The company has released a beta version of its Hortonworks Data Platform (HDP) Hadoop distribution for Windows and expects to release the final, enterprise-ready version in the months to come.
HDP is “the first and only distribution of Hadoop available on both Linux and Windows,” said David McJannet, Hortonworks vice president of marketing.
According to McJannet, Hortonworks heard a lot of demand from potential customers for a Hadoop distribution that would run on the Microsoft platform.
“The real catalyst is, frankly, market demand. The significant majority of the servers running in the enterprise today are running Windows Server,” McJannet said. “We’ve seen significant interest from our customers towards using Hadoop on the platform that they rely on for their critical applications.”
Hortonworks and Microsoft have been porting the software to Windows over the past 18 months, as well as testing the software for enterprise use, McJannet said. The HDP distribution consists of a set of different software programs – including HDFS, MapReduce, Hive, Pig and others. Like the Linux version, the Windows HDP will be available as open source “so others can benefit and extend the work that we have done,” McJannet said.
Going forward, Hortonworks will release new versions of the HDP in both Linux and Windows. This first Windows beta version is based on the HDP 1.1 codebase.
Initially, the Windows beta does not have feature parity with the Linux version, though it does have all the “core components” to run Hadoop, McJannet said. But it does not include the Ambari set of management tools. Over time, however, Hortonworks does plan to duplicate all the features on the Windows version.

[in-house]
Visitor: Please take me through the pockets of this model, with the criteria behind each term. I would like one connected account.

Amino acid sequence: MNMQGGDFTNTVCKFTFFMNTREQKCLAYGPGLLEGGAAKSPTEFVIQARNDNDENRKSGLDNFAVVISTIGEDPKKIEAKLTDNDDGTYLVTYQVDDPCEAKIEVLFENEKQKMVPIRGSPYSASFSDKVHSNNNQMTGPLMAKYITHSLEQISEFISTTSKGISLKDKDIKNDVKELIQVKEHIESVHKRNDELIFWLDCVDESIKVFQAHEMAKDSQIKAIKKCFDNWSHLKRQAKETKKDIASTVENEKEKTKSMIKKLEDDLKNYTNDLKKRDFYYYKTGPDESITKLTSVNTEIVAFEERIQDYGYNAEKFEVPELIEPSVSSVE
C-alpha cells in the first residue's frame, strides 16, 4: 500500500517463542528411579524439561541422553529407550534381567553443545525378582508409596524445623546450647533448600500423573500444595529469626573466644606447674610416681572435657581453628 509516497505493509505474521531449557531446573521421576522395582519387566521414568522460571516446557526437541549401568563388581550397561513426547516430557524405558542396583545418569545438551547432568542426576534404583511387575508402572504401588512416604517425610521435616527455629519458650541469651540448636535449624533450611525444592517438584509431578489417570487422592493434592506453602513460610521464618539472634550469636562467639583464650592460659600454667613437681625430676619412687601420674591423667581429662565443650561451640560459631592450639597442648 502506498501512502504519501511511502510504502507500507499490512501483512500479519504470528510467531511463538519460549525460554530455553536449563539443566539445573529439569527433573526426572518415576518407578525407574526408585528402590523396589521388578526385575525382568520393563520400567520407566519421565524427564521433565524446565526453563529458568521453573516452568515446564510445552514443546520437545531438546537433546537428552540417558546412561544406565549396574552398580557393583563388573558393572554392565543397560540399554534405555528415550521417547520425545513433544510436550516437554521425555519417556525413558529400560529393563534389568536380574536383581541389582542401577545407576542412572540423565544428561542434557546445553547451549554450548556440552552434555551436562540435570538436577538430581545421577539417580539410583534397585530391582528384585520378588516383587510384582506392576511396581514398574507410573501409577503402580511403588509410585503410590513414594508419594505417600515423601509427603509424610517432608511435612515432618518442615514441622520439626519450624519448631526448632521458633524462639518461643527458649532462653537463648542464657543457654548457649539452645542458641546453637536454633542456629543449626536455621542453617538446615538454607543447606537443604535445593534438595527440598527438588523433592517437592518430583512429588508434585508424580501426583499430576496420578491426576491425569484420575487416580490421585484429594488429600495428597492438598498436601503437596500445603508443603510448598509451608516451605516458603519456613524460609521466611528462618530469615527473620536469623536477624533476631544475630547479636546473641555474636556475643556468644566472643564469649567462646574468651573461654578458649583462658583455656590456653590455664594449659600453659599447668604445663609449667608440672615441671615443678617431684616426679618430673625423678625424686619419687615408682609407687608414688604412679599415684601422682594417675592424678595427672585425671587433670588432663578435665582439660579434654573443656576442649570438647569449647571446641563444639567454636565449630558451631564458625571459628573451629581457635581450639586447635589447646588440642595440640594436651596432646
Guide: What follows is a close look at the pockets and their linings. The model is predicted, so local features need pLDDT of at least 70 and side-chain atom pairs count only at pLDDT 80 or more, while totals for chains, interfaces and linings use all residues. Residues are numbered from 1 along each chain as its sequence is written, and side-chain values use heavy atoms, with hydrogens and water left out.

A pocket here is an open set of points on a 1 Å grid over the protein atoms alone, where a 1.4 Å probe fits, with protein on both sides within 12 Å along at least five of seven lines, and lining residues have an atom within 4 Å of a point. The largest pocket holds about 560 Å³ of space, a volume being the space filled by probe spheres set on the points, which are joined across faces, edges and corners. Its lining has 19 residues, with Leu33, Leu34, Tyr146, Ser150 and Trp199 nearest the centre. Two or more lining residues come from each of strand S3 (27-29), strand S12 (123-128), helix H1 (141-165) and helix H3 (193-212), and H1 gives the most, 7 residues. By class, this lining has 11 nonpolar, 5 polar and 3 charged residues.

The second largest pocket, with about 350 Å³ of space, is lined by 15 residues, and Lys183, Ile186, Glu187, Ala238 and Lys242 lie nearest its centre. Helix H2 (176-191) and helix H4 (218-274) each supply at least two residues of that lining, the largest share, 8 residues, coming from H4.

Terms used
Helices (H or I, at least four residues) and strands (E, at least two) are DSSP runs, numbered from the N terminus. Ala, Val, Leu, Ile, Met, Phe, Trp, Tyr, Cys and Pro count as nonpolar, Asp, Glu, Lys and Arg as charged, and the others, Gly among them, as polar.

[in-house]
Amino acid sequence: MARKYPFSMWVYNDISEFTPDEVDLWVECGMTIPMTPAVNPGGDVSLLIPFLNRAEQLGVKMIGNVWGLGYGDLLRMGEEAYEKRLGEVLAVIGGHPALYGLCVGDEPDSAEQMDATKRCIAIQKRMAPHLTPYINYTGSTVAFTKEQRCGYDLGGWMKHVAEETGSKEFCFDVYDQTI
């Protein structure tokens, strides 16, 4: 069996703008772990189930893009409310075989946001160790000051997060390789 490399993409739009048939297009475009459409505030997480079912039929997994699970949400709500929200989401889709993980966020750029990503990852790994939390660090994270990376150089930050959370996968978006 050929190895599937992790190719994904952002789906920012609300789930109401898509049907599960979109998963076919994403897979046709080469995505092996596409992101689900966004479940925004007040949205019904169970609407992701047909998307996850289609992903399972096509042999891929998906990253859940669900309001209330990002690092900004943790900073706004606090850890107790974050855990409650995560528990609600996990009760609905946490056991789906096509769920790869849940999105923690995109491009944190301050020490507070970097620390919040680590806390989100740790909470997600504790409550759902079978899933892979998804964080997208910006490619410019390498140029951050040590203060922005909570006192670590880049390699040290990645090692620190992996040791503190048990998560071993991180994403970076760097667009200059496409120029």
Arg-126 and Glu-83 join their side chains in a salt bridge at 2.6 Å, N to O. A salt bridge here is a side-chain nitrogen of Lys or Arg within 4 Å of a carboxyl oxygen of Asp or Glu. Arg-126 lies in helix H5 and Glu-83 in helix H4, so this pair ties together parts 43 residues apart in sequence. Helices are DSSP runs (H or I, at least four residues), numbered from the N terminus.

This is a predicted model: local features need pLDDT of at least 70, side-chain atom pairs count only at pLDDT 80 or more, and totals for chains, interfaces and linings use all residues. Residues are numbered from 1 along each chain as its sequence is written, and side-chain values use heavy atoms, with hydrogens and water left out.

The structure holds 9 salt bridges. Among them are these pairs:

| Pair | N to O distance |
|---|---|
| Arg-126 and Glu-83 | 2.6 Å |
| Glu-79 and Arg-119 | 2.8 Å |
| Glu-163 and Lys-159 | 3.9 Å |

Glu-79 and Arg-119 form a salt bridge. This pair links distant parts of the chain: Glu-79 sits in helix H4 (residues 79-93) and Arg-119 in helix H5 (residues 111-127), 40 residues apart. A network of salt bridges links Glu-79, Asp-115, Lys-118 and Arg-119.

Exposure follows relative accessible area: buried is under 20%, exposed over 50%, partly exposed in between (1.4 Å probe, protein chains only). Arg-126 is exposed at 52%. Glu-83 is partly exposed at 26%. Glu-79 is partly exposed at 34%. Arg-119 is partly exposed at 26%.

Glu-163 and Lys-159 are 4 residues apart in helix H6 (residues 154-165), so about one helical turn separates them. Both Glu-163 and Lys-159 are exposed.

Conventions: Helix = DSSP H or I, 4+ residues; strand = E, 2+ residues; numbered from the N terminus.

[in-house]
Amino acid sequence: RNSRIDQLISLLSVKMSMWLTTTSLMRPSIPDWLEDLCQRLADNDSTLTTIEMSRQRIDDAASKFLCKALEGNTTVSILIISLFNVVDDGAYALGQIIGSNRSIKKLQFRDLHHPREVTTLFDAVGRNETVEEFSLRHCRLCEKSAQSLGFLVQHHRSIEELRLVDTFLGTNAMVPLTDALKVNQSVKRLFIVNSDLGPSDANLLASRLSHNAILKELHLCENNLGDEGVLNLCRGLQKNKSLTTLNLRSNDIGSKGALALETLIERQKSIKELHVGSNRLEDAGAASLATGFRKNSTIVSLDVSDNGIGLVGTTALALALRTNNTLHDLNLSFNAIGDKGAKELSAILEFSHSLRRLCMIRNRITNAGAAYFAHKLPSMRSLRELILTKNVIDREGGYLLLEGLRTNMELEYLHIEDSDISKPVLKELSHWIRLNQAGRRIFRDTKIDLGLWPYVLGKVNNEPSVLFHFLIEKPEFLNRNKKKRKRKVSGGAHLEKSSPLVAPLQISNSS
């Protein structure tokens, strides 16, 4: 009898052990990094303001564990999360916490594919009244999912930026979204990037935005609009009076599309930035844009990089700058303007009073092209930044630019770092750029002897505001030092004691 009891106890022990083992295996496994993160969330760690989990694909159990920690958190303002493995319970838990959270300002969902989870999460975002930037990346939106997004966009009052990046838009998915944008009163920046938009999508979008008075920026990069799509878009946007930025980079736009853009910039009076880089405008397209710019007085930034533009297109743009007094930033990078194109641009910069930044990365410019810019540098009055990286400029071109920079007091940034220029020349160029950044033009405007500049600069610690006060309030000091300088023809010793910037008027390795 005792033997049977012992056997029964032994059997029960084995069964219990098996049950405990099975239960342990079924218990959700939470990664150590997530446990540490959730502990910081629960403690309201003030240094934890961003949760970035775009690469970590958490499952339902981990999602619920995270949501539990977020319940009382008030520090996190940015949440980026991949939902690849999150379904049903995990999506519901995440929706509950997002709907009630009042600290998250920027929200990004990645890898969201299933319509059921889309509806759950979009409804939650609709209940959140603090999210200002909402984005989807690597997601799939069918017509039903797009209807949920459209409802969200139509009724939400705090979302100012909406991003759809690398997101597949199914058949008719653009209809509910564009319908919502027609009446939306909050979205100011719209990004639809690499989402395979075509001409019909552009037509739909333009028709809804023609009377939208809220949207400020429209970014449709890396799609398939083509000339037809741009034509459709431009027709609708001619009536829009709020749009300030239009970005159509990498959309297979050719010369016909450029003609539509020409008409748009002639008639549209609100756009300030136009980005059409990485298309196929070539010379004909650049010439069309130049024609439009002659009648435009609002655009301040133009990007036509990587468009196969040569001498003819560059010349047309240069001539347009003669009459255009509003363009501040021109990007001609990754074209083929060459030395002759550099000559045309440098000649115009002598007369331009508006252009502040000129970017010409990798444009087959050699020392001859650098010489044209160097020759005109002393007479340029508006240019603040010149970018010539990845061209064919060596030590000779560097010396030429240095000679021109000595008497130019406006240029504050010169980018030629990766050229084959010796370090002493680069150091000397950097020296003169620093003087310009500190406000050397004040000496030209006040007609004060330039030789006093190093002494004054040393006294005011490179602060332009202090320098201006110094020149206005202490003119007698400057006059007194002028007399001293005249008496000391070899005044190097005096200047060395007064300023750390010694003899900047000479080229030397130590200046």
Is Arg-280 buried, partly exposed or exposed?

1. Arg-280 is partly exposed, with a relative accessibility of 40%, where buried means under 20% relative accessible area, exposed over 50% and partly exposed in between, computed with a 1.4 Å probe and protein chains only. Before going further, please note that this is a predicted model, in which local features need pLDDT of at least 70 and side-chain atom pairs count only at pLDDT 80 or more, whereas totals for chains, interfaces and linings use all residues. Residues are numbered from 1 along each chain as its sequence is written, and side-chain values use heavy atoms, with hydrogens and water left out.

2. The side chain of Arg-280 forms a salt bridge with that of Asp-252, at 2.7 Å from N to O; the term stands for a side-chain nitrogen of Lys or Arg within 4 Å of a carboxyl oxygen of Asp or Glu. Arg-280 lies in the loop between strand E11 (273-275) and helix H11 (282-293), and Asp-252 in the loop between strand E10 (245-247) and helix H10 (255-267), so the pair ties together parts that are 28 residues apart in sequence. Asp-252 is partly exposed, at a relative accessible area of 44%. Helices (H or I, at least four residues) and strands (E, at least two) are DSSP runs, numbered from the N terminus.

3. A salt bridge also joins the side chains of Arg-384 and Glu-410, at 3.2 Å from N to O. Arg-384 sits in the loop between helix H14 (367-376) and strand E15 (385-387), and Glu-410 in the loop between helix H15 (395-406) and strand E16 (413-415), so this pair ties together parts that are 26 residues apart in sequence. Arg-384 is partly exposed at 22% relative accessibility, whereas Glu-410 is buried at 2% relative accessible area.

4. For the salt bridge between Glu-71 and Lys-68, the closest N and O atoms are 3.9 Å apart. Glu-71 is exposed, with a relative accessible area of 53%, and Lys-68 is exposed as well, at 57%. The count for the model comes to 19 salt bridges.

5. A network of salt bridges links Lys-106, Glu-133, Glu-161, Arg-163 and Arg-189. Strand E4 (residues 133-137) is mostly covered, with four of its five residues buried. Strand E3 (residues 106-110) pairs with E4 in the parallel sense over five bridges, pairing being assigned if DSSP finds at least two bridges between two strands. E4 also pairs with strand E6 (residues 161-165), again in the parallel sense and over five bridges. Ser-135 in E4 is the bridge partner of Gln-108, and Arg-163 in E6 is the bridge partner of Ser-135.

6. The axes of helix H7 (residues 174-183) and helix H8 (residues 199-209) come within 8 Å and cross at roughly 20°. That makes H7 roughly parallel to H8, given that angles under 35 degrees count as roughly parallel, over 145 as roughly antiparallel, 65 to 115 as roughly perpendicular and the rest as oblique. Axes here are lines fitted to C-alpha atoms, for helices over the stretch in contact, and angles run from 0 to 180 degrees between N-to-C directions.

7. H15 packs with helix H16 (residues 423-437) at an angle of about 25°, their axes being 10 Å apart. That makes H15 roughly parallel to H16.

Hortonworks expects that the kind of workloads run on the Windows platform will be similar to those run on Linux, in terms of size and scope. “We fully anticipate some of the largest deployments of Hadoop could well be on Windows,” McJannet said.
The distribution does not support running a mixture of Windows nodes and Linux nodes in the same deployment. Deployments should be all in one OS or another. “In practice, we’d expect homogeneity across the infrastructure, though we’d have to wait and see how that pattern emerges,” McJannet said.
Over time, Microsoft will provide more support in other software products, most notably System Centre, for organisations that want to move Windows Hadoop workloads in between their own data centres and a Microsoft Azure cloud service, said Herain Oberoi, Microsoft director of product marketing in the company’s server and tools division.
As of press time, Hortonworks hasn’t finalised the versions of Windows Servers upon which HDP will run, though the beta will run on Windows Server 2008 and Windows Server 2012. The product will not run on Windows desktop versions.